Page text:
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The Jew Who Got Louis Farrakhan to Talk

Authors: Arthur Magida details the life of the man who is perhaps as well-known for his controversial comments as for being the Nation of Islam leader.


BALTIMORE — Hanging up the telephone, stifling an ironic smile, Arthur J. Magida searches for a little patch of calm in his northwest Baltimore home.

"That was NBC calling," he says.

"About Farrakhan?" he is asked.

"What then?" Magida says. "I said, 'Listen, Tom Brokaw, I don't care who you are or how much money you make. . . .' "

He laughs at his little joke. Nah, it wasn't Brokaw on the line--just some network flunky asking for help to make the on-camera folks look like real reporters.

"They wanted to know how they could get an interview with Farrakhan," Magida says. He would know. His latest book, "Prophet of Rage: A Life of Louis Farrakhan and His Nation" (Basic Books) is in bookstores, helped by three tape-recorded, face-to-face interviews with the Nation of Islam leader, at a time when Farrakhan was presumed off-limits to those with white skin and the compounding felony of being Jewish.

"How did you get to him?" Magida is asked now.

"Oh, my technique was brazen," he laughs. "I called information in Chicago, and I asked for his phone number. Just like that. Just like any cub reporter."

The result, three years later, is the first biography of Farrakhan, detailing his life, his words, his Nation of Islam's history, and how each translates to America's continuing bilateral anxieties over race.

"When I met him," says Magida, a former senior editor at the Baltimore Jewish Times, "my first impression was, he's not the demon I'd been led to think. He's an extremely charming man, almost totally soft-spoken."

Except for this: When Magida asked about amends for anti-Jewish statements--the "dirty religion" remark, the Hitler-as-a-"great man" remark, the misleading claims of Jews' involvement in the slave trade and all the other lines employed as verbal switchblades--Farrakhan exploded:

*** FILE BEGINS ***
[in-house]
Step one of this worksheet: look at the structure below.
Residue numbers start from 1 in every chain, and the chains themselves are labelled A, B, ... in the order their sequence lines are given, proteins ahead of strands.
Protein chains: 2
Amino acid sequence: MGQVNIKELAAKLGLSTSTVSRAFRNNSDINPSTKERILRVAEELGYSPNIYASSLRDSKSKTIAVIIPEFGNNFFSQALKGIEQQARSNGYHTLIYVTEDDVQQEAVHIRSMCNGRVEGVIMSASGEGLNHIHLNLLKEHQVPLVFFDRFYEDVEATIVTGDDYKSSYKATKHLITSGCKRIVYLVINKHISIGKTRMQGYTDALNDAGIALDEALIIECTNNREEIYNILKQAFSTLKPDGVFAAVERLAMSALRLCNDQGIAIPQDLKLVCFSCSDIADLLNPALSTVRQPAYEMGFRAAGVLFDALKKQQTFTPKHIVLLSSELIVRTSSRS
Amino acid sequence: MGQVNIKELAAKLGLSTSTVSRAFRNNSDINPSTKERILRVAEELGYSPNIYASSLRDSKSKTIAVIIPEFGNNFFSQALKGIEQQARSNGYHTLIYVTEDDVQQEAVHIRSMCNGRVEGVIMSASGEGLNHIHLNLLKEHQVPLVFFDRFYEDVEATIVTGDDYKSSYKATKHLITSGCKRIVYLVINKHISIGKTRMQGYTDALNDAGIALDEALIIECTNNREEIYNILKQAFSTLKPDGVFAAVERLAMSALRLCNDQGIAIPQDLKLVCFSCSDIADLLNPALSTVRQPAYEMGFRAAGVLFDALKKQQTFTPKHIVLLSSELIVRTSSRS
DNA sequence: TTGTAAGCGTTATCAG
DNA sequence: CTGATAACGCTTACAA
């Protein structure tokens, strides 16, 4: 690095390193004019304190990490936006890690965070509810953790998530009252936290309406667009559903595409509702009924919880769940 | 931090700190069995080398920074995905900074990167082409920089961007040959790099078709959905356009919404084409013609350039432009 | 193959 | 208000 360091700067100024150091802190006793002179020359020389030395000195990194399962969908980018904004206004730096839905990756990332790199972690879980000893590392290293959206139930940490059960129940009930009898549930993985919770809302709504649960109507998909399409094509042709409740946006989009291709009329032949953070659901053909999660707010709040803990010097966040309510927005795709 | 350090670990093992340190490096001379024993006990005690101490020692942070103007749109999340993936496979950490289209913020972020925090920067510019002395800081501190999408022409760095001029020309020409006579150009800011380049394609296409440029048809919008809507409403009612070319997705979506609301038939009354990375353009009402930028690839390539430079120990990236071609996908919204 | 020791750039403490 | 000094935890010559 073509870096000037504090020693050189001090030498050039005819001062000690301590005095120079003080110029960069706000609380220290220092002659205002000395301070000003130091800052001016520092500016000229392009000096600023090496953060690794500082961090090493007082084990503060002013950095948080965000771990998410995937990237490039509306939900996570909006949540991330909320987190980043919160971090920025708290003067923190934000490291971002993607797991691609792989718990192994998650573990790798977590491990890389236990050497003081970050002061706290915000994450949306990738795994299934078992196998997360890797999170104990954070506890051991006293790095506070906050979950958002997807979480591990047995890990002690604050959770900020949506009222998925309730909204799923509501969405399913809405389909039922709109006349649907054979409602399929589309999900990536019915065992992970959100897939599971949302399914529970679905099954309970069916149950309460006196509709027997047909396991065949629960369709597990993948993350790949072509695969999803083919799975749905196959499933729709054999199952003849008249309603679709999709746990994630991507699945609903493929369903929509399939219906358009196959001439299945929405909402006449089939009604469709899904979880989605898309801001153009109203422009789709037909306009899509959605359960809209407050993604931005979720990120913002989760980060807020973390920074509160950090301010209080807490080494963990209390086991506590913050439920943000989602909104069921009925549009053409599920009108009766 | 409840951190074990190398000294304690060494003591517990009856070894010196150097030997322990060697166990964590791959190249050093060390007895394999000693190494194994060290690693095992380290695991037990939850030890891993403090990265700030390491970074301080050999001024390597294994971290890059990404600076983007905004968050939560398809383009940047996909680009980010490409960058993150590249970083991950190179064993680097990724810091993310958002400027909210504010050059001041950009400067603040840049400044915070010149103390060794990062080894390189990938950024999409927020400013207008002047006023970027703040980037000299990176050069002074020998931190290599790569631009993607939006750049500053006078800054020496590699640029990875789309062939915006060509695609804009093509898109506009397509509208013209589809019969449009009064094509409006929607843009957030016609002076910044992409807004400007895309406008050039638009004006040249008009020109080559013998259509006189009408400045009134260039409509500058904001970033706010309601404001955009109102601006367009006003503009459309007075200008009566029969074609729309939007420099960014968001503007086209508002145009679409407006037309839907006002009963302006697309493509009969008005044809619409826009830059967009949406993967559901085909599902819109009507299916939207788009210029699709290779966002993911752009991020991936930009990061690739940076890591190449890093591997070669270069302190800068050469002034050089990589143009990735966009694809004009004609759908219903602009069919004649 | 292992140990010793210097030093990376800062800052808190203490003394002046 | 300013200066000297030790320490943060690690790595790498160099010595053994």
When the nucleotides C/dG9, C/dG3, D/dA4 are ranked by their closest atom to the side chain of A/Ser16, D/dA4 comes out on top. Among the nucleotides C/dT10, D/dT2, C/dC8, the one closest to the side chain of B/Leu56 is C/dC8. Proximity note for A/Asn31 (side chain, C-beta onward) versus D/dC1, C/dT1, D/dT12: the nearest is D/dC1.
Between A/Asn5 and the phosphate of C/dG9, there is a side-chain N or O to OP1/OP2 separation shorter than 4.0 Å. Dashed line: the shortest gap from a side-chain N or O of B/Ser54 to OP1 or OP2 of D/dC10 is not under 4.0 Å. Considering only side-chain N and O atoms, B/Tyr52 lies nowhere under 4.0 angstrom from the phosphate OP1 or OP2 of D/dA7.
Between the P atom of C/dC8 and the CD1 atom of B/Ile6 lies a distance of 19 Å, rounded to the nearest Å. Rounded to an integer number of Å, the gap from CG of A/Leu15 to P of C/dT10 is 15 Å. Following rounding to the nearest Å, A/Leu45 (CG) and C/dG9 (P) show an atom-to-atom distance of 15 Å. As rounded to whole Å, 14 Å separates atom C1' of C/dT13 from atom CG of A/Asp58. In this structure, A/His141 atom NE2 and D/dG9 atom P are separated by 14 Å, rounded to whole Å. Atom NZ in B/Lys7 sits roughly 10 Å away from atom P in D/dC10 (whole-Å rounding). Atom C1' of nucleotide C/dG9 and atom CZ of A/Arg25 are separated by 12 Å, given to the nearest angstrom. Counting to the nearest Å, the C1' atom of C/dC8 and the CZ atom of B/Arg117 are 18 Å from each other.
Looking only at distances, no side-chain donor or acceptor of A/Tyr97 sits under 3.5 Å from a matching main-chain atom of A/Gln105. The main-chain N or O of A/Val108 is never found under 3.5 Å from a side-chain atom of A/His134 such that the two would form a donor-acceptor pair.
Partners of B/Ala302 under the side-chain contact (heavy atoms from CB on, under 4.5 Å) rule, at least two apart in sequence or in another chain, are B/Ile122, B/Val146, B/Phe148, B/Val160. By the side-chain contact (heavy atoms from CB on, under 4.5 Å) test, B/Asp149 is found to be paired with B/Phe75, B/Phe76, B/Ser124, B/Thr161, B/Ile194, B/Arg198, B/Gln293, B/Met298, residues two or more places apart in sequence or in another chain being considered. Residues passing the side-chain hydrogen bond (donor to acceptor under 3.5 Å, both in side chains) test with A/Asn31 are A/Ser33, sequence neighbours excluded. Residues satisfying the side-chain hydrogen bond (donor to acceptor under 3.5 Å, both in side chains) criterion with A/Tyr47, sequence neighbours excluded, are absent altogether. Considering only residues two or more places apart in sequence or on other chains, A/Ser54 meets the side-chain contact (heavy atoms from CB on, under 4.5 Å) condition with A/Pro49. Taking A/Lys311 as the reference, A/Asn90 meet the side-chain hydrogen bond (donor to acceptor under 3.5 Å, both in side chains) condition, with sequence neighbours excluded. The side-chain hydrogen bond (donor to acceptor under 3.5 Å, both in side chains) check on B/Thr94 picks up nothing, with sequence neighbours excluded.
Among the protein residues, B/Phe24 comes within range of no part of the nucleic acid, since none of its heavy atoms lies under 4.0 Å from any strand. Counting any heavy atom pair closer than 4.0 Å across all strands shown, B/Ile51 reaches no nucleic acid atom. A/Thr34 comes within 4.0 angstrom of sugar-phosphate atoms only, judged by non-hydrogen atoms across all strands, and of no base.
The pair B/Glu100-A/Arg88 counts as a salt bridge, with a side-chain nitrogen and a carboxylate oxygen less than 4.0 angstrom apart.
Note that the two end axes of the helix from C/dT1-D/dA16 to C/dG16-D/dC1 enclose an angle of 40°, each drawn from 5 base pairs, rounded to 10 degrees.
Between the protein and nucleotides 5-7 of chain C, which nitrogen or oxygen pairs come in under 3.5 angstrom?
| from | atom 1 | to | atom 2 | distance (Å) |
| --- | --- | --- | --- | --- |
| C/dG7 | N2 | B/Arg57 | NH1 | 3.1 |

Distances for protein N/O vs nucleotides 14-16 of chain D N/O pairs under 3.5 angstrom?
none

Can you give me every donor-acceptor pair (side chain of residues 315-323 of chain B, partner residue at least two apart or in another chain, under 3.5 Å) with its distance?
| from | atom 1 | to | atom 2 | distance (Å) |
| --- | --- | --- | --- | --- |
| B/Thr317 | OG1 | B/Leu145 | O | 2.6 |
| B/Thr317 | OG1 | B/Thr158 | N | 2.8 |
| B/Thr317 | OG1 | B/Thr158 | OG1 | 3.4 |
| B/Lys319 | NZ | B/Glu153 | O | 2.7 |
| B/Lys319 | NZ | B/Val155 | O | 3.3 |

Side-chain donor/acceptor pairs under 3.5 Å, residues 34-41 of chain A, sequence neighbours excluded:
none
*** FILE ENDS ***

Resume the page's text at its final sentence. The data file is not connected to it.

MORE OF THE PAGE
"Where's [the Jews'] apology coming from? Jews got a hell of a nerve asking me to apologize. Jews are too arrogant, too proud of their power. They want everybody to bow down to them, and I ain't bowing down to nothin' or nobody but God. I'm not getting down on my knees. If I did, you know what Jews would tell me? Too little, too late."

Well, maybe. But, why scapegoat the Jews in the first place?

"I don't think Farrakhan chose the Jews," Magida says. "I think the Jews were thrust upon him, partly by accident. Once it was there, I think he realized this was his ticket.

"It came in '84, when Jesse Jackson made the Hymietown remark about New York. The [Jewish Defense League] attacked Jesse. Farrakhan responded by saying, 'You ever touch him, it'll be the last brother you ever touch.' The JDL responded by calling this 'beer hall demagoguery' and then Farrakhan made his remarks about Hitler being wicked but great.

"When he blew up at me," Magida says, "it was spontaneous, yeah, but the duration of the blowup and the theatrical effect after a while became truly calculated. It was his way of showing me that this was something that truly angered him. But he knew how to end it and control it. He has a terrific sense of his control of the drama."

Magida's book tries to offer balancing context, juxtaposing the modern history of the black separatist movement with America's belated, nervous steps toward integration, and the awkward emotional dance of blacks and Jews--once partners in the great civil rights efforts but in more recent years politically uneasy.

In "Prophet of Rage," Magida looks at each side's motivations. He writes:

"A peculiar, implicit symbiosis developed between the NOI leader and certain Jewish organizations: A few Jewish 'self-defense' groups needed the specter of Farrakhan to help justify their existence (and their budgets). And Farrakhan's sparring with Jews had become a good part of his draw: He specialized in the outrageous. It proved his mettle. Agree with him or not, he was 'a man.' "

Thus, Magida believes, this is a mutual contentiousness not likely to go away.

"It's tragic for both sides," he says. "It's a war of words and emotions, and protestations of innocence on both sides. [Farrakhan] would love to be further mainstream, but he knows he can't without putting some of this behind him. Jews would like to be closer to blacks, but find it hard with him there. I found so many black people who would love to have a closer relationship with Jews, but. . . .

"You know," says Magida, "my first question to Farrakhan was: 'Why do you want to talk to a Jew?' He said, 'I need to talk to Jews. I need to explain myself.' He was telling me, 'I'm not a demon, I've been caricatured, I don't want to harm you, but I won't yield on certain points.' "

Magida hasn't heard from Farrakhan since publication. Though he strove for balance, he expects his subject won't be thrilled with the portrait.

And, while he found Farrakhan bright and charming, Magida says, "If I were a shrink, I'd say he has semi-Messianic yearnings and inclinations. He sees himself as somebody who can truly deliver his people to the Promised Land, not just physically and economically, but spiritually.

"In fact, he gave a newspaper interview recently and called himself a messiah, and then said, 'Notice I didn't say the Messiah, but a messiah.'

"You know," says Magida, "on a given day, I might feel real good about myself, but I don't think the word "messiah's" gonna pass my lips in any form."

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